Carbon levels in the atmosphere are going up by 2-3 parts per million each year and are currently at about 415ppm, compared with the pre-industrial level of 280. When they were last at this level, some millions of years ago, temperatures were significantly higher, and sea-levels were 20-30 metres above what they are now. But it takes many decades for the full effects of increased carbon levels to be felt – that’s why we’re not currently swimming for our lives.

The Planetary Boundaries framework developed by the Stockholm Resilience Institute[2] sets a “red-zone” boundary of 450ppm after which all bets will be off, and climate conditions and weather events will become so extreme and unpredictable as to probably make much of the Earth uninhabitable in the medium term. On our current trajectory, we will pass this boundary in 15-30 years (although it will some decades longer before all the extreme effects are felt).

Unfortunately, the science of all this tends to lag behind actual events, and things are likely to happen faster than science predicts. Each of the IPCC’s five yearly reports has been more pessimistic than the last, and their most recent reports are about as shrill as good scientists can get, for example: “We have till 2030 to cut our carbon emissions by 45% if we are to have any chance of keeping temperature increases below 1.5 degrees”[3].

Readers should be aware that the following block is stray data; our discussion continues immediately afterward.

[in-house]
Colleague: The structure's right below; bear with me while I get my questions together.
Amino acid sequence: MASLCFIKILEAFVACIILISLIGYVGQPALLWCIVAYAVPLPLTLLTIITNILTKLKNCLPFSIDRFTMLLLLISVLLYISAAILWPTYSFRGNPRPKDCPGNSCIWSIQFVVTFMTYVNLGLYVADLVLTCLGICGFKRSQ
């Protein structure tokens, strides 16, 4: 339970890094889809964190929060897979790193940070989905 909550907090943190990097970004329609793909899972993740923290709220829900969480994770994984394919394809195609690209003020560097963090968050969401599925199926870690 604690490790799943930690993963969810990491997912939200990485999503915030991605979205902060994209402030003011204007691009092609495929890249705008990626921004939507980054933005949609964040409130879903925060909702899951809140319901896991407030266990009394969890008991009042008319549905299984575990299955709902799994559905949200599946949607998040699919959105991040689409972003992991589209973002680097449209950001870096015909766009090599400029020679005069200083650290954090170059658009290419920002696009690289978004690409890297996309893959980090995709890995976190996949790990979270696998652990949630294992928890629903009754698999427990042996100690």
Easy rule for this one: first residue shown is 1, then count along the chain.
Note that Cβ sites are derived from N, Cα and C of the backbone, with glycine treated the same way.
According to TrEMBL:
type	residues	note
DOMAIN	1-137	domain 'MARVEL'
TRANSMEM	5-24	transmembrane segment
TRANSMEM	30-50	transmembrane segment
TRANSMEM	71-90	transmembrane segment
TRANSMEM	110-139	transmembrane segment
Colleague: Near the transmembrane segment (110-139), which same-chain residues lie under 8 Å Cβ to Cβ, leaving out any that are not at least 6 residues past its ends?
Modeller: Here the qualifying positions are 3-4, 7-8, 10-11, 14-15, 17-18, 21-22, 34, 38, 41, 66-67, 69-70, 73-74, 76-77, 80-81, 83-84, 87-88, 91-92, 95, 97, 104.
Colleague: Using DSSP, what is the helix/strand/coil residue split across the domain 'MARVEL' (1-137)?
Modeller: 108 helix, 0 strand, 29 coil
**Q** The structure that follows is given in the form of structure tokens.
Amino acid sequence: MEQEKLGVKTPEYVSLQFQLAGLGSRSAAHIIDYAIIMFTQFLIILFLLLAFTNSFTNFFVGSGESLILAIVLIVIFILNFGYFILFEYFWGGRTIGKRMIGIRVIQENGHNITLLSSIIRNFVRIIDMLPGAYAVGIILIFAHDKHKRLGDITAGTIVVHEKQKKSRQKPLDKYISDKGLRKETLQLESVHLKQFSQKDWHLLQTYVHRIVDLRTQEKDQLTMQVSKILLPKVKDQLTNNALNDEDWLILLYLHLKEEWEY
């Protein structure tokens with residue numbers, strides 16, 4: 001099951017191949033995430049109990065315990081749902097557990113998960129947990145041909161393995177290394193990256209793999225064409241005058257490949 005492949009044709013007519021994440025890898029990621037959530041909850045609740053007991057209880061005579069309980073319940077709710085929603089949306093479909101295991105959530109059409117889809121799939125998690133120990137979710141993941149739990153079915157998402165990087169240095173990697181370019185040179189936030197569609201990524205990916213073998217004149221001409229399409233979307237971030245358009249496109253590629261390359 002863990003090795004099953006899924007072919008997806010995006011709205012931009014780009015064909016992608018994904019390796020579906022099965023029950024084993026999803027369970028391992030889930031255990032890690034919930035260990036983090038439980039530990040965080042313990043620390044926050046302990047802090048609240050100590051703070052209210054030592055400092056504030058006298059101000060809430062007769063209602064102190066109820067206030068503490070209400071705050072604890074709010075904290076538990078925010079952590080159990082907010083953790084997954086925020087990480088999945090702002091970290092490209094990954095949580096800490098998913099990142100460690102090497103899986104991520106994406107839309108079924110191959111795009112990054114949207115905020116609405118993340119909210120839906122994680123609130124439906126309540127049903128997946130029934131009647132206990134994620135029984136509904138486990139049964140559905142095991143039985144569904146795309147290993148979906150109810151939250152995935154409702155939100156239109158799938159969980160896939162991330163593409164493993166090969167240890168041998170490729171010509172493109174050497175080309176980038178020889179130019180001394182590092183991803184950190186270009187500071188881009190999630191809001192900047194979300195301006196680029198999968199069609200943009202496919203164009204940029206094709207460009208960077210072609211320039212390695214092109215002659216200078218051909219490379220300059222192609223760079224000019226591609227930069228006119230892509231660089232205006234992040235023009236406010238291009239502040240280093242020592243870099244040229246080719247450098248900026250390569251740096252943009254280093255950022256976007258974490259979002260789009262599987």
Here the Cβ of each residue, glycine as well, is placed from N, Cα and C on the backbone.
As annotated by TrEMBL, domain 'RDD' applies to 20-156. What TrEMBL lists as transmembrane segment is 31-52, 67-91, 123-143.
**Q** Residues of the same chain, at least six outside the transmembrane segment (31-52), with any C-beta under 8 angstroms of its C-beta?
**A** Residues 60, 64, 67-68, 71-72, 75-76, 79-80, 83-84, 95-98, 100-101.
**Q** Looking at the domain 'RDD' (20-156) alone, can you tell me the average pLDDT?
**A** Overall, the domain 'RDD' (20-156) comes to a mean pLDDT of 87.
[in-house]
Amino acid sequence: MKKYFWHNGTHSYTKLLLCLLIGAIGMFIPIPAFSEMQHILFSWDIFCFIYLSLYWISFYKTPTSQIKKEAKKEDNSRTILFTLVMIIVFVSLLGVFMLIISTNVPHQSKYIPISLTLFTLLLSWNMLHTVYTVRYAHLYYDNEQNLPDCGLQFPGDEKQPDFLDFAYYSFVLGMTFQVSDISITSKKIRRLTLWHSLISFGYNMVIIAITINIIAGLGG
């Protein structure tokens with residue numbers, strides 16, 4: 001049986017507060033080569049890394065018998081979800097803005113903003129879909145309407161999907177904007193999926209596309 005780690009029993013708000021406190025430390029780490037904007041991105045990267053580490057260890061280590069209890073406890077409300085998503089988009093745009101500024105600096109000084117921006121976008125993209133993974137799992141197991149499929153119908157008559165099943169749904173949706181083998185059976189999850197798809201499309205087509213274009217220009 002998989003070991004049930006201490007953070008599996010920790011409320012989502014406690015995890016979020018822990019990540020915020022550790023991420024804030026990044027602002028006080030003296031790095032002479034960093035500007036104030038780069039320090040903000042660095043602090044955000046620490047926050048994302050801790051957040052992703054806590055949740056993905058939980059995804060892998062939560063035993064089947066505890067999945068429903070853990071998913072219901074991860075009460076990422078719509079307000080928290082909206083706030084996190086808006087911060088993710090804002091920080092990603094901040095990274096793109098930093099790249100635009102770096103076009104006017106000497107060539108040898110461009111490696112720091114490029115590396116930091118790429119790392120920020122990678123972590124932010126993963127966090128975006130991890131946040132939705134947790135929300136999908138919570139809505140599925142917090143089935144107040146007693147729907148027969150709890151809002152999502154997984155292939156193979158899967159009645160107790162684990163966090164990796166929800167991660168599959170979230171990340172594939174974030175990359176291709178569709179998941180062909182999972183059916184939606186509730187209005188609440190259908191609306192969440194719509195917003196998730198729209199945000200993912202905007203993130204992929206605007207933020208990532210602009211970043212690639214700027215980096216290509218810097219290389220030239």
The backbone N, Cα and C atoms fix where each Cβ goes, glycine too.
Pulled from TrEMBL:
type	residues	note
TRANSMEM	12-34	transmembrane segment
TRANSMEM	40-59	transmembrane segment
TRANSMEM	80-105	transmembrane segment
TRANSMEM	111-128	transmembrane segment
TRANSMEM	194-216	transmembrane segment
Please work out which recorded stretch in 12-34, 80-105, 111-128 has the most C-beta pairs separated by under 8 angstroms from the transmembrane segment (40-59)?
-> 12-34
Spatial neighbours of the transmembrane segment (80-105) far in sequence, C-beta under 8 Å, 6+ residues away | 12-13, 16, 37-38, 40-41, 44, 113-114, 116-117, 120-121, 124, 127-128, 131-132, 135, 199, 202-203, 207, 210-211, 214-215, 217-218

Moreover, interconnections between changes may lead to tipping events (such as rapid deterioration of the Greenland or West Antarctic ice-sheets, or increased methane release in Siberia, or collapse of large chunks of the Amazon rainforest into savannah) which disrupt the linear projections currently be made.

So we as a species are likely to continue to be surprised by the increasing speed of change, and “caught short” in any preparation we do.

New Zealand as a lifeboat

New Zealand’s position (isolated in the middle of the Southern Ocean), geology (a volcanic spine on top of intersecting Continental plates), and political and social stability (few recent wars or major uprisings), give it certain advantages relative to many other places in the world as we face our climate crisis.

The ocean has a moderating effect on temperatures, severity of weather events, and unsolicited arrivals; we have enough moderately fertile soil to feed ourselves and then some; the high proportion of uplands means that retreat from the rising oceans is feasible; and as long as we don’t succumb to the extreme sorts of political behaviour currently infecting parts of the Northern Hemisphere, we might be able to manage all of this in a more or less orderly manner.